[39:29.55]but neglected to pay them as per the contract,
[39:32.99]he made one of the more spectacular blunders in British history.
[39:37.67]Furious at being stiffed,
[39:40.27]the Saxons turned on the local population they'd been hired to defend.
[39:44.47]After burning and pillaging, they took land in lieu of pay,
[39:48.67]settling down amidst the understandably dismayed native population.
[39:56.27]Dismayed, but not, I think, terrified.
[39:59.47]Though the earliest chroniclers of the coming of the Saxons
[40:02.83]thought of Vortigern's faux pas as heralding a sort of final apocalypse,
[40:07.99]no one had turned the lights out on Roman Britannia
[40:11.75]and declared the Dark Ages to have begun.
[40:14.27]The long process by which Roman Britannia morphed
[40:18.39]into the Anglo-Saxon kingdoms was gradual not sudden,
[40:22.07]an adaptation, not an annihilation.
[40:27.31]For a long time the Saxons were a tiny minority,
[40:31.35]numbered in hundreds rather than thousands,
[40:34.23]and lived in an overwhelmingly Romano-British population.
[40:39.19]As different as these cultures were, they were still neighbours.
[40:43.63]The vast majority tried and succeeded to live a sort of Roman life.
[40:52.67]Here at Wroxeter, Shropshire, the Roman Veraconium,
[40:56.55]there's wonderful evidence of this make-do, hybrid, improvised world
[41:00.99]poised between Roman ruins and Anglo-Saxon beginnings.
[41:05.15]When the bath house stopped functioning,
[41:07.63]the citizens took the tiles and used them for paving.
[41:11.15]When the roof of the great basilica threatened to fall in,
[41:15.35]the citizens went and demolished the building themselves.
[41:18.99]Inside the shell they put up a new timber structure
[41:22.79]spacious and elegant enough to give them the sense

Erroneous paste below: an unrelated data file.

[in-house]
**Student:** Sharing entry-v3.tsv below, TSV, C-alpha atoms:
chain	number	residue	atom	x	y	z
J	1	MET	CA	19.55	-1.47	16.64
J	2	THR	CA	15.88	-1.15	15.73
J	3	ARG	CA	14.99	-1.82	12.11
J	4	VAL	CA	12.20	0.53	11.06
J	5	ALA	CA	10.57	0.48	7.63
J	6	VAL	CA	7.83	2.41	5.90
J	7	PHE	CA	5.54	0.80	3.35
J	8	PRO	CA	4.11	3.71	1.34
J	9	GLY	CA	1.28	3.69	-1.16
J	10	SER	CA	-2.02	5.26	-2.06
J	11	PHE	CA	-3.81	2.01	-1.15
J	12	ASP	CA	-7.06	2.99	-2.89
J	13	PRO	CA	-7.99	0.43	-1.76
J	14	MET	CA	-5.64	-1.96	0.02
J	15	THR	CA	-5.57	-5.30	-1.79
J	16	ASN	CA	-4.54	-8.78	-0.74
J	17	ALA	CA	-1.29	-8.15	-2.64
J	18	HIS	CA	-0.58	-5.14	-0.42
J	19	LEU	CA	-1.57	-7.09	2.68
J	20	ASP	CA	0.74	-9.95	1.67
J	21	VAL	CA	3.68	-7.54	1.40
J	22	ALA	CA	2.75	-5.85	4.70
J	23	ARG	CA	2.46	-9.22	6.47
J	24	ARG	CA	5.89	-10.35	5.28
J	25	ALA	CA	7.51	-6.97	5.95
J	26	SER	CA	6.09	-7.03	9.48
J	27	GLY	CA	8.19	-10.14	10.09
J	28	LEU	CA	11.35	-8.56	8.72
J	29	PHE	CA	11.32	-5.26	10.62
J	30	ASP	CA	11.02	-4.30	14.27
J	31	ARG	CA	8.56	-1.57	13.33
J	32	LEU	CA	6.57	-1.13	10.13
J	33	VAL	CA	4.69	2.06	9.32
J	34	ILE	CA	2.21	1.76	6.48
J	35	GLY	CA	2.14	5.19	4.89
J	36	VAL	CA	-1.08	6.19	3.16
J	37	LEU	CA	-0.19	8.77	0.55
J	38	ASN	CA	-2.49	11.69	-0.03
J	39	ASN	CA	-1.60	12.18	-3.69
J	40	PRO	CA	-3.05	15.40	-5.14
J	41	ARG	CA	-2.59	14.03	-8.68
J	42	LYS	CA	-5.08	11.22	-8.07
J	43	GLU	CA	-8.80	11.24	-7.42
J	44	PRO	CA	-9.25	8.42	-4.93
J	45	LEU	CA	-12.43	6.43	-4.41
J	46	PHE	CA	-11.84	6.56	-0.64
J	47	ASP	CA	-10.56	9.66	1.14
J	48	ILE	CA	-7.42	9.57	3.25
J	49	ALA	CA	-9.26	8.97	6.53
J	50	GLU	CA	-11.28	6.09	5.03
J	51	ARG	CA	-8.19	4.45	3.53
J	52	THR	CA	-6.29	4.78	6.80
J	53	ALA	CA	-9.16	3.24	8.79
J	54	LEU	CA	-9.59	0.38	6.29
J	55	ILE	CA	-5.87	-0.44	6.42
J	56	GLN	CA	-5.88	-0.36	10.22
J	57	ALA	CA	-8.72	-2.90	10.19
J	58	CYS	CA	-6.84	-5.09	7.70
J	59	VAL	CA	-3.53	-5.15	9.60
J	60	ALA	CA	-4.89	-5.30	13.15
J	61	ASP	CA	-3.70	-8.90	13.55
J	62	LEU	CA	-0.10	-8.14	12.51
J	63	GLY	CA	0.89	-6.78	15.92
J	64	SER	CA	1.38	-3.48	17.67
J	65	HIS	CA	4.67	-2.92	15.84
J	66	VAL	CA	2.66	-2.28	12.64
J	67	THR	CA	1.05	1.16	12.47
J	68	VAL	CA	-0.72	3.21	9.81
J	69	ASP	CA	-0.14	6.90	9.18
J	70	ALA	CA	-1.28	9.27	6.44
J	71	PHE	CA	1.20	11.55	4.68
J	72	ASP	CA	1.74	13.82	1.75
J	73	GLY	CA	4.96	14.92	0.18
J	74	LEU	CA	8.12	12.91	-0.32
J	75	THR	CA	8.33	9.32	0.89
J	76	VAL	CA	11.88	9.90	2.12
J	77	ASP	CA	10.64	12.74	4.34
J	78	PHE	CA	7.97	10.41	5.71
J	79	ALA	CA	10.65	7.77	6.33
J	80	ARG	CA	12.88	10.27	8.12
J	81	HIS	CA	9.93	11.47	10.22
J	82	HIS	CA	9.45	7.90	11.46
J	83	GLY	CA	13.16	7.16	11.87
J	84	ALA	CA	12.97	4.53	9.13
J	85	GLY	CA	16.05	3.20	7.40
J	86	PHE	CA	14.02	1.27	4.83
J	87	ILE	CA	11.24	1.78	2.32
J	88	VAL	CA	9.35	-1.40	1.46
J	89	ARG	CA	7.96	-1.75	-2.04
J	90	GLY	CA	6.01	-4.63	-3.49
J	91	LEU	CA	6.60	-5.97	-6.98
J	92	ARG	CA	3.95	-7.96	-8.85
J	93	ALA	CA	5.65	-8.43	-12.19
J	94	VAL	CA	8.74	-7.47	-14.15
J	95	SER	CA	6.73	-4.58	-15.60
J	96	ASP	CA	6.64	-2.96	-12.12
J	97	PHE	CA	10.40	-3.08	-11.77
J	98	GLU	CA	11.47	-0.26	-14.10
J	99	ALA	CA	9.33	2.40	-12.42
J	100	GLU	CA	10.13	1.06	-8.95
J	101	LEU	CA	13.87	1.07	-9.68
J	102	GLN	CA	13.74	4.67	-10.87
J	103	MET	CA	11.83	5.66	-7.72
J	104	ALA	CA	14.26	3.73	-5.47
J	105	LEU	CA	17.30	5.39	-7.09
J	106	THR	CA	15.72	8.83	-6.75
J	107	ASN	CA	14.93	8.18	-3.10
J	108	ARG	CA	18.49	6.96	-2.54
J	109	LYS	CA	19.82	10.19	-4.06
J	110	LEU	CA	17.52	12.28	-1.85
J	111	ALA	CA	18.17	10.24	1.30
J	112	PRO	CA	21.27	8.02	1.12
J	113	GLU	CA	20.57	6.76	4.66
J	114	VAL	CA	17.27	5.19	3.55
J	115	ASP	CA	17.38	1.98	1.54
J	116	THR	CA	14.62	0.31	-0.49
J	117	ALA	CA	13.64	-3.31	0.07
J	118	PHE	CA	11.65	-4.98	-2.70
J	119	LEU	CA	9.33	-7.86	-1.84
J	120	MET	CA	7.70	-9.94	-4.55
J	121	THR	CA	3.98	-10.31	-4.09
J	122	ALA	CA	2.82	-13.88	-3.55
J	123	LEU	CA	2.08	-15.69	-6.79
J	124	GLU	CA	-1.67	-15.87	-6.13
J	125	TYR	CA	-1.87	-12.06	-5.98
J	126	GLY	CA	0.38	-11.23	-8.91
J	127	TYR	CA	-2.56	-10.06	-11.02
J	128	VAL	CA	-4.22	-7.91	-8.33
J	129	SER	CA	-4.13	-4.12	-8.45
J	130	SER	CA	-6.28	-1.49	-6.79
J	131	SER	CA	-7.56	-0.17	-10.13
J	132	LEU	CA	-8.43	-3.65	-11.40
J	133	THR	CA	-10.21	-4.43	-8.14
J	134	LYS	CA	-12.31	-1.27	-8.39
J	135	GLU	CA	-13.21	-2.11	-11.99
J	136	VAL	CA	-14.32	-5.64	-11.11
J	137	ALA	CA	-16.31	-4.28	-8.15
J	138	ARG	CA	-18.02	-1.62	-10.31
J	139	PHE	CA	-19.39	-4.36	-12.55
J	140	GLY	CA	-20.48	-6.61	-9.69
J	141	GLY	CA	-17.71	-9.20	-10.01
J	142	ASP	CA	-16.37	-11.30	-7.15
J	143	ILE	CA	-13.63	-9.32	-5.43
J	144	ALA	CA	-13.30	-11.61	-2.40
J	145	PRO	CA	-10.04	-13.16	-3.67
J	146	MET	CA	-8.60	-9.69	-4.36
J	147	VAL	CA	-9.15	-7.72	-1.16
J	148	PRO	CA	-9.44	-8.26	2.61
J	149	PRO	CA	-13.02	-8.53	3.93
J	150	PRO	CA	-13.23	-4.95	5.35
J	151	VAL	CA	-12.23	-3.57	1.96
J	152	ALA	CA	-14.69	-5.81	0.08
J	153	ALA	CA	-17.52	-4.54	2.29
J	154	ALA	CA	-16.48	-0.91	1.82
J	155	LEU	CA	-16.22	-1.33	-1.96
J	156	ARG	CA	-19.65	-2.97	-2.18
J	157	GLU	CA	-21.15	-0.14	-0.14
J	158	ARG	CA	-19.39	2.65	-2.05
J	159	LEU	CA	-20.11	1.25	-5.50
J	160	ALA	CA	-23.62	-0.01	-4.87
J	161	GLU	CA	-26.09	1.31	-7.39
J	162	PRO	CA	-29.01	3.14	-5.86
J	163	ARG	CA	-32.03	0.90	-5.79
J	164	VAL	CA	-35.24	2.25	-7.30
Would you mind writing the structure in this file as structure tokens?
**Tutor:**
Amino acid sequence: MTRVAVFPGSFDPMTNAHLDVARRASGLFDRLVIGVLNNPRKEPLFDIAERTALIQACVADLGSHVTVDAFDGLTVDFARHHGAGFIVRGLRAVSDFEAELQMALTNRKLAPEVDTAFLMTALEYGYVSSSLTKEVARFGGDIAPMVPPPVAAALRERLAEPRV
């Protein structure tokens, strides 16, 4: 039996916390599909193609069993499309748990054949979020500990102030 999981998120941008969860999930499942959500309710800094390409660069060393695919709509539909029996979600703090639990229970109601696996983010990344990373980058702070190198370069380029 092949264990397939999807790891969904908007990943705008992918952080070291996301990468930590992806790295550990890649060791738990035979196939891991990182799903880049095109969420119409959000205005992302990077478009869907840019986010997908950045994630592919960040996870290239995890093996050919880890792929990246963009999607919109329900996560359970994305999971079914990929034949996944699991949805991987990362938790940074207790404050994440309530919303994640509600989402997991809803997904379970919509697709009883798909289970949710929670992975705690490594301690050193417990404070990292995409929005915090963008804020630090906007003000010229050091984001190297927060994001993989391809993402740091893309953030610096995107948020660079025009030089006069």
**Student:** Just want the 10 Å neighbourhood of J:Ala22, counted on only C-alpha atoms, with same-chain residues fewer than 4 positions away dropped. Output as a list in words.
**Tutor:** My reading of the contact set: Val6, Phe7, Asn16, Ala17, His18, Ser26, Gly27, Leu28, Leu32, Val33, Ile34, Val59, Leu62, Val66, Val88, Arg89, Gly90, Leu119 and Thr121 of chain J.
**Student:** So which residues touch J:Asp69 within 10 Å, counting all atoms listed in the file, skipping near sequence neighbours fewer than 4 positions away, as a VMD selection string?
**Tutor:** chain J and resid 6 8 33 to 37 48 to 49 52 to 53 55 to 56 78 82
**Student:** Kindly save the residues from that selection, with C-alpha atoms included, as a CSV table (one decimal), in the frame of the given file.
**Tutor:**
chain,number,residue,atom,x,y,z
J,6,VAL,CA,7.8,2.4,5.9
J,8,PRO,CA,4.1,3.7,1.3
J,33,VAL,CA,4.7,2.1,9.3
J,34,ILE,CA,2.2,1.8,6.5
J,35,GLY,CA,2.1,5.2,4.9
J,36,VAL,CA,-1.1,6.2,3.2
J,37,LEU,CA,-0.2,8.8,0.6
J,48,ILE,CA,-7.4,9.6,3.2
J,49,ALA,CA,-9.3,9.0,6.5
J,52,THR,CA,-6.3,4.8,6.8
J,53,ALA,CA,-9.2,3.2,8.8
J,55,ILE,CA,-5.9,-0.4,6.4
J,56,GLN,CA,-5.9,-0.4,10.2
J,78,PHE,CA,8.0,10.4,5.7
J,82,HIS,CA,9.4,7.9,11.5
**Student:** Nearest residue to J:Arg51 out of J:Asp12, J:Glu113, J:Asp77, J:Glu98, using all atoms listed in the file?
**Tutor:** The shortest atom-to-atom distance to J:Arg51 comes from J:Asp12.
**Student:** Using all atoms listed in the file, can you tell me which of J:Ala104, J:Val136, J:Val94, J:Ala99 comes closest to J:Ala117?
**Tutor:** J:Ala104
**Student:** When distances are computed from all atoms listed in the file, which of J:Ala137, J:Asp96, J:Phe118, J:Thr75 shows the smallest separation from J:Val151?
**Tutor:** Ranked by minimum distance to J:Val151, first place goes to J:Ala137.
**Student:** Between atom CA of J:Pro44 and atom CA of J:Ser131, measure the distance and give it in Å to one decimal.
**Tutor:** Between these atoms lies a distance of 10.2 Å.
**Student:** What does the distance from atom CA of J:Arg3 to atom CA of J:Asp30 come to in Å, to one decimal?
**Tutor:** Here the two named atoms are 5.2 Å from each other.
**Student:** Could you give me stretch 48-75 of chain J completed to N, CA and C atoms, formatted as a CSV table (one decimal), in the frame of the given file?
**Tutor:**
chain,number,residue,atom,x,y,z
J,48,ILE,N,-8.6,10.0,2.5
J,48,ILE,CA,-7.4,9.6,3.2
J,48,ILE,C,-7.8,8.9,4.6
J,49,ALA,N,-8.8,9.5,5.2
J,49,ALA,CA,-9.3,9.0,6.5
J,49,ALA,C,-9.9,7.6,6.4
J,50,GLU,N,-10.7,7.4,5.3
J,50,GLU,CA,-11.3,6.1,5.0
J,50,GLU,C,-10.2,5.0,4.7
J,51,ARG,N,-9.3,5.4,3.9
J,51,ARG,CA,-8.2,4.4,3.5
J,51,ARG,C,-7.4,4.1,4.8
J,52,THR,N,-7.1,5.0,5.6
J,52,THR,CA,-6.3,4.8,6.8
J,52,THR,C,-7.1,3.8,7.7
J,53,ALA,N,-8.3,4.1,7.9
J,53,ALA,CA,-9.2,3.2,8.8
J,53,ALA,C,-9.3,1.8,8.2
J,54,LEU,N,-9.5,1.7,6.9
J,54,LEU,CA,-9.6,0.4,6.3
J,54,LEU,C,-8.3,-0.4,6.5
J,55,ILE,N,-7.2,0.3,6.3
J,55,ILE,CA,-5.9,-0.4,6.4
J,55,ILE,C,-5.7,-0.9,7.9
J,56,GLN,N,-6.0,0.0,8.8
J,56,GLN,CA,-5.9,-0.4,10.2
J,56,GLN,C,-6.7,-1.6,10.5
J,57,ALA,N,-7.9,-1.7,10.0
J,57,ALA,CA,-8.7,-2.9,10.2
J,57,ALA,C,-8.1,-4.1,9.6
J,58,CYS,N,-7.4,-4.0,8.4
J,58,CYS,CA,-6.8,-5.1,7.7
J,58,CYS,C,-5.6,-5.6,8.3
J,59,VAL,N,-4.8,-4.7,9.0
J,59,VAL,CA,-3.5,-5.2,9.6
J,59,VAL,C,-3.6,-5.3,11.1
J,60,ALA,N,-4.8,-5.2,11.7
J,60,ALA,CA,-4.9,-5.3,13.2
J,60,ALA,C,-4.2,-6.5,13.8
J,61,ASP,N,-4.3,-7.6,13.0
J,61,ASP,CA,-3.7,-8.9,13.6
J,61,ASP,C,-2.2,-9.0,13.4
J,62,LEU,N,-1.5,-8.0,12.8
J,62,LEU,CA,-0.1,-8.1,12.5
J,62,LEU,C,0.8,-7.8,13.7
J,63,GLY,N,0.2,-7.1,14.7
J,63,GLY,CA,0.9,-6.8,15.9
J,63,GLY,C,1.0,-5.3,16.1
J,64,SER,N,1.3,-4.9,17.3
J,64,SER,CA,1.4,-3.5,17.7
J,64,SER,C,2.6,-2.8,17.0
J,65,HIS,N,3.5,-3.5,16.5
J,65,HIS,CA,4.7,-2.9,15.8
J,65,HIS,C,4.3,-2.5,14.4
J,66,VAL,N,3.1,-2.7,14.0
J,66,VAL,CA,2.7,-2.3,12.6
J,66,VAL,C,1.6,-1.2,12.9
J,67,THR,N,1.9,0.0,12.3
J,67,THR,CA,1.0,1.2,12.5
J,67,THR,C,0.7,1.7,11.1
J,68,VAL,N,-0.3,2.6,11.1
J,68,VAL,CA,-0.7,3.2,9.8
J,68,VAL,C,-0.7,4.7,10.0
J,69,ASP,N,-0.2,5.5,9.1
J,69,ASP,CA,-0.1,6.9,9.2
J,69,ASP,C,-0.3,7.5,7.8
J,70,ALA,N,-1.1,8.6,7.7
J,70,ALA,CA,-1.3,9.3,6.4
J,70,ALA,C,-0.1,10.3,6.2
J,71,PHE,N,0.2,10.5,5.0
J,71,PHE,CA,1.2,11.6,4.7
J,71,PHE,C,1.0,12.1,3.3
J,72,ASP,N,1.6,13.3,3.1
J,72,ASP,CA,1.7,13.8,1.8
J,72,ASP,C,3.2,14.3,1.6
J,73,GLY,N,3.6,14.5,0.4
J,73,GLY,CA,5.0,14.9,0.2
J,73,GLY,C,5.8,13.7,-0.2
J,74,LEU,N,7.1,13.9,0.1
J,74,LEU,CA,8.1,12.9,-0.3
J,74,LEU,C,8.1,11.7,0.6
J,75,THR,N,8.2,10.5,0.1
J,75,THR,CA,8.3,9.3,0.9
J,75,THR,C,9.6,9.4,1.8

[41:25.55]they were still living some sort of Roman lifestyle,
[41:28.71]although in an increasingly phantom Britannia.
[41:34.75]Eventually the adaptations became ever more makeshift,
[41:39.47]the fabric of Roman life increasingly threadbare,
[41:43.27]until it did indeed fall apart altogether.
[41:48.55]The island was now divided into three utterly different realms.
[41:53.51]The remains of Britannia hung on in the west.
[41:58.07]North of the abandoned walls and forts
[42:00.63]the Scottish tribes for the most part, stayed pagan.
[42:04.51]England, the realm of the Anglo-Saxons and Jutes,
[42:08.59]was planted in the east, all the way from Kent
[42:12.07]to the kingdom of Bernicia in Northumbria.
[42:21.27]The Saxon chiefs often built their settlements
[42:24.31]on the ruined remains of old Roman British towns,
[42:27.63]not least of course London.
[42:29.63]Like many invaders, they hankered after what they had destroyed.
[42:34.91]The showier pieces of their armour often bear
[42:37.99]startling resemblances to Roman armour
[42:40.51]and their leaders aspired to be something more than war chiefs.
[42:44.39]They wanted to be known as "dux", a Roman duke.
[42:48.87]In one crucial respect, the Germanic tribal societies
[42:53.07]were utterly different from the Romans.
[42:56.15]Theirs was a culture based on the blood feud and punishment by ordeal.